That’s just the date corresponding with the realization of the book. Naturally, it is impossible to say the exact day I began to work on the book and when I ended, but I wanted to play the game with September 1 to the end.
The original title, however, includes the words “or some other time” that the French edition left out. Was that also intentional?
Only right now – thanks to your question – have I checked the French translation and you are right, the parenthesized subtitle didn’t make it into the French edition. I assume that’s because it is not customary in France to have parentheses in the titles of fiction books. I rely on the translator. When it comes to translations, I only focus on the visual aspect of the book.
In the French edition, there are numerous footnotes explaining the context or show the translation of certain expressions from Hungarian. Have you discussed a similar approach with your Slovak publisher – to include footnotes with translations for those who do not speak Hungarian?
The novel is over-stuffed with the use of different languages: Hungarian, Czech, German, Russian, Hebrew. Translators used different methods to come to terms with it. In the Croatian edition, Slovak is translated and all the other languages are left in their original versions and there are footnotes with Croatian translation. The page then looks as if it a belonged to a richly annotated scientific publication. When it comes to the appearance of the page, perhaps the Arabic translation seems to us the strangest. Here and there a familiar looking word written in Latin characters appears among a sea of Arabic sentences. In the Czech translation, Slovak had been translated, of course, but Hungarian is left as is. One reviewer was asking why translate the language that the Czech reader understands but leave the language that he doesn’t. I didn’t have a solution how to translate the many languages used in the original either. So I always suggested to the translators to translate it in such a way that would make their readers happy. The Slovak publisher of the book was László Szigeti, who is bilingual so we never discussed this issue. But I had to translate some of the Hungarian bits to my mother.
Did you learn Hungarian from your father?
After the war, my father faced the question whether to live in Hungary or in Czechoslovakia. Since he was comparing the pre-war Czechoslovakia with war-time Hungary, Czechoslovakia came out as a better choice. That’s why he never felt like teaching me Hungarian. I only know a couple of basic words plus all the vulgarisms commonly used in Bratislava.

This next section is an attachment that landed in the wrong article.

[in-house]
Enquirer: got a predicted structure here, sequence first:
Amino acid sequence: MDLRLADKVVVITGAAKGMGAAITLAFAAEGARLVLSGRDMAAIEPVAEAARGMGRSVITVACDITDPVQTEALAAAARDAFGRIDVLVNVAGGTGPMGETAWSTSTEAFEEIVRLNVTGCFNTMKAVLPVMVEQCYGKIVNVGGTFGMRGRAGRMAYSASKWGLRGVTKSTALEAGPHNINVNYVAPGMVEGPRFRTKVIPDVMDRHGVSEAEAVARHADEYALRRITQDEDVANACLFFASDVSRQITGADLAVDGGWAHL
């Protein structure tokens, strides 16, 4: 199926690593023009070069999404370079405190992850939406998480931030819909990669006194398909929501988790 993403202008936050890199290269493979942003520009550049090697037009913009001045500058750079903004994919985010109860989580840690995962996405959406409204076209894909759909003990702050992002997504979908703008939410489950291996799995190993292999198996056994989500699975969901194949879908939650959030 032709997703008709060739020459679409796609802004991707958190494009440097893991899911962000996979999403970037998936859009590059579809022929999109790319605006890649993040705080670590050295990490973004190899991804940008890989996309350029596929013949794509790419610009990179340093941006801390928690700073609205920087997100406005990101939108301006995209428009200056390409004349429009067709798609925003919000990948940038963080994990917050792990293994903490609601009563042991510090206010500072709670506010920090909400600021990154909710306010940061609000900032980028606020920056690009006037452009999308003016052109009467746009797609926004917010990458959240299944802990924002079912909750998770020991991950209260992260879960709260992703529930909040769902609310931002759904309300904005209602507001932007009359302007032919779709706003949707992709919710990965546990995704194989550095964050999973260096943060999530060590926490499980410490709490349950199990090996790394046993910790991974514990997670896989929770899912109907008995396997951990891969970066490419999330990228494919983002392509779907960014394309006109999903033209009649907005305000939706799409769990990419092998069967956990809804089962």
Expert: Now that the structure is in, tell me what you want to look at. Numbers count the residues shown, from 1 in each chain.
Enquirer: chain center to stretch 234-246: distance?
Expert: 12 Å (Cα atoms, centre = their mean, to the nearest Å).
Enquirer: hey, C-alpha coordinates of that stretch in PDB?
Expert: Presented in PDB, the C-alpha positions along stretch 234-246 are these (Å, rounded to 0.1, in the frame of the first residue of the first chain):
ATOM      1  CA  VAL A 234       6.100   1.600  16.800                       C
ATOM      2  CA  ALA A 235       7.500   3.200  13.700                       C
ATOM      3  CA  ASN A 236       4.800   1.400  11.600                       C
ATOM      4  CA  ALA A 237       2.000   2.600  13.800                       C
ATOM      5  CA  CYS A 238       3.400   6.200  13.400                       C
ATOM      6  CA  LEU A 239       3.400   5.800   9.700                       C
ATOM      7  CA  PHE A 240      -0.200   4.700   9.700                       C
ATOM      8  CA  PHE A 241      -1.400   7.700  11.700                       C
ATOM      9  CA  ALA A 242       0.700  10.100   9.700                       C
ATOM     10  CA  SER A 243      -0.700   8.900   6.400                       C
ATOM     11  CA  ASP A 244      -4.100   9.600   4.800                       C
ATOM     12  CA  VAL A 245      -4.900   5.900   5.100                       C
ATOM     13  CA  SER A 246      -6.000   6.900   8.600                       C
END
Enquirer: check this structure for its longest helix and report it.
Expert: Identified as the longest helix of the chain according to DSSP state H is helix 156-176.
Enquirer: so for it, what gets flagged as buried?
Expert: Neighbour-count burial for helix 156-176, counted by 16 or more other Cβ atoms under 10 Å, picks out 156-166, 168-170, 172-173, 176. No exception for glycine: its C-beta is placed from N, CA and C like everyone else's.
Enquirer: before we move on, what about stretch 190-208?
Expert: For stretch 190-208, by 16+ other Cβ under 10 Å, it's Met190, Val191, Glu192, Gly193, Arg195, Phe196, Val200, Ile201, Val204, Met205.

In one of the interviews you said: „History is full of moments when you think: you can’t make this up.” Do you think it is also true about the present? To what extent is the time we are living right now inspiring for you?
Pandemic, face masks, limiting people’s movements, empty streets, closed cafés – all of that is inspiring especially visually. It’s material for a dark love story – tragic, of course. Aside from Covid 19, however, the present does not seem that interesting to me. But I felt like this even in the 1990’s even though when I think back to that era or when I read about it, it seems pretty wild. I need some distance. But it’s also a kind of prejudice on my side that I hold against the present as a topic or material for a novel. I find authors who think they are living in the most interesting times and who try to artistically capture the present funny. I find the ones who think they and their lives are good book-material even funnier. And that is Slovakia’s literary mainstream: the author, the story-teller, the theme, the main character and even a few side characters all stem from the life of a single person.
How does the pandemic and the coronavirus crisis affect your life?
The difference between me and most people is probably the fact that now, in the new year, I seem to be more patient than others. I don’t have any more big – or even small –expectations, so I am affected less than those who still want something out of life but aren’t getting it right now. As a university professir I can say – together with my colleagues and students – that teaching online is more strenuous and more boring than live contact. I assume that the difference between live and online classes is the same as between live sex and pornography. The latter offers a larger variety of choice but it’s still not the real thing.
What project are you working on at the moment?
In the fall, a fairy tale book of mine came out which almost nobody noticed, so that motivated me to take a short break from writing.
Pavol Rankov (1964)
Rankov debuted in 1995 with the short stories collection S odstupom času. After that followed the short stories collections My a oni/Oni a my (2001), V tesnej blízkosti (2004) and Na druhej strane (2013). He is the author of four novels: Stalo sa prvého septembra (alebo inokedy) (2008), Matky (2011), Miesta, čo nie sú na mape (2017) and Legenda o jazyku (2018). Last year, his fairy tale book Princezné a princoviacame out. He has received numerous international awards. The novel Stalo sa prvého septembra,which won the European Book Prize 2020, was translated into 14 languages. Most recently, it has been published in the USA. Rankov teaches at the Department of Library and Information Science at the Faculty of Arts of the Comenius University in Bratislava.
Photography: Monika Saral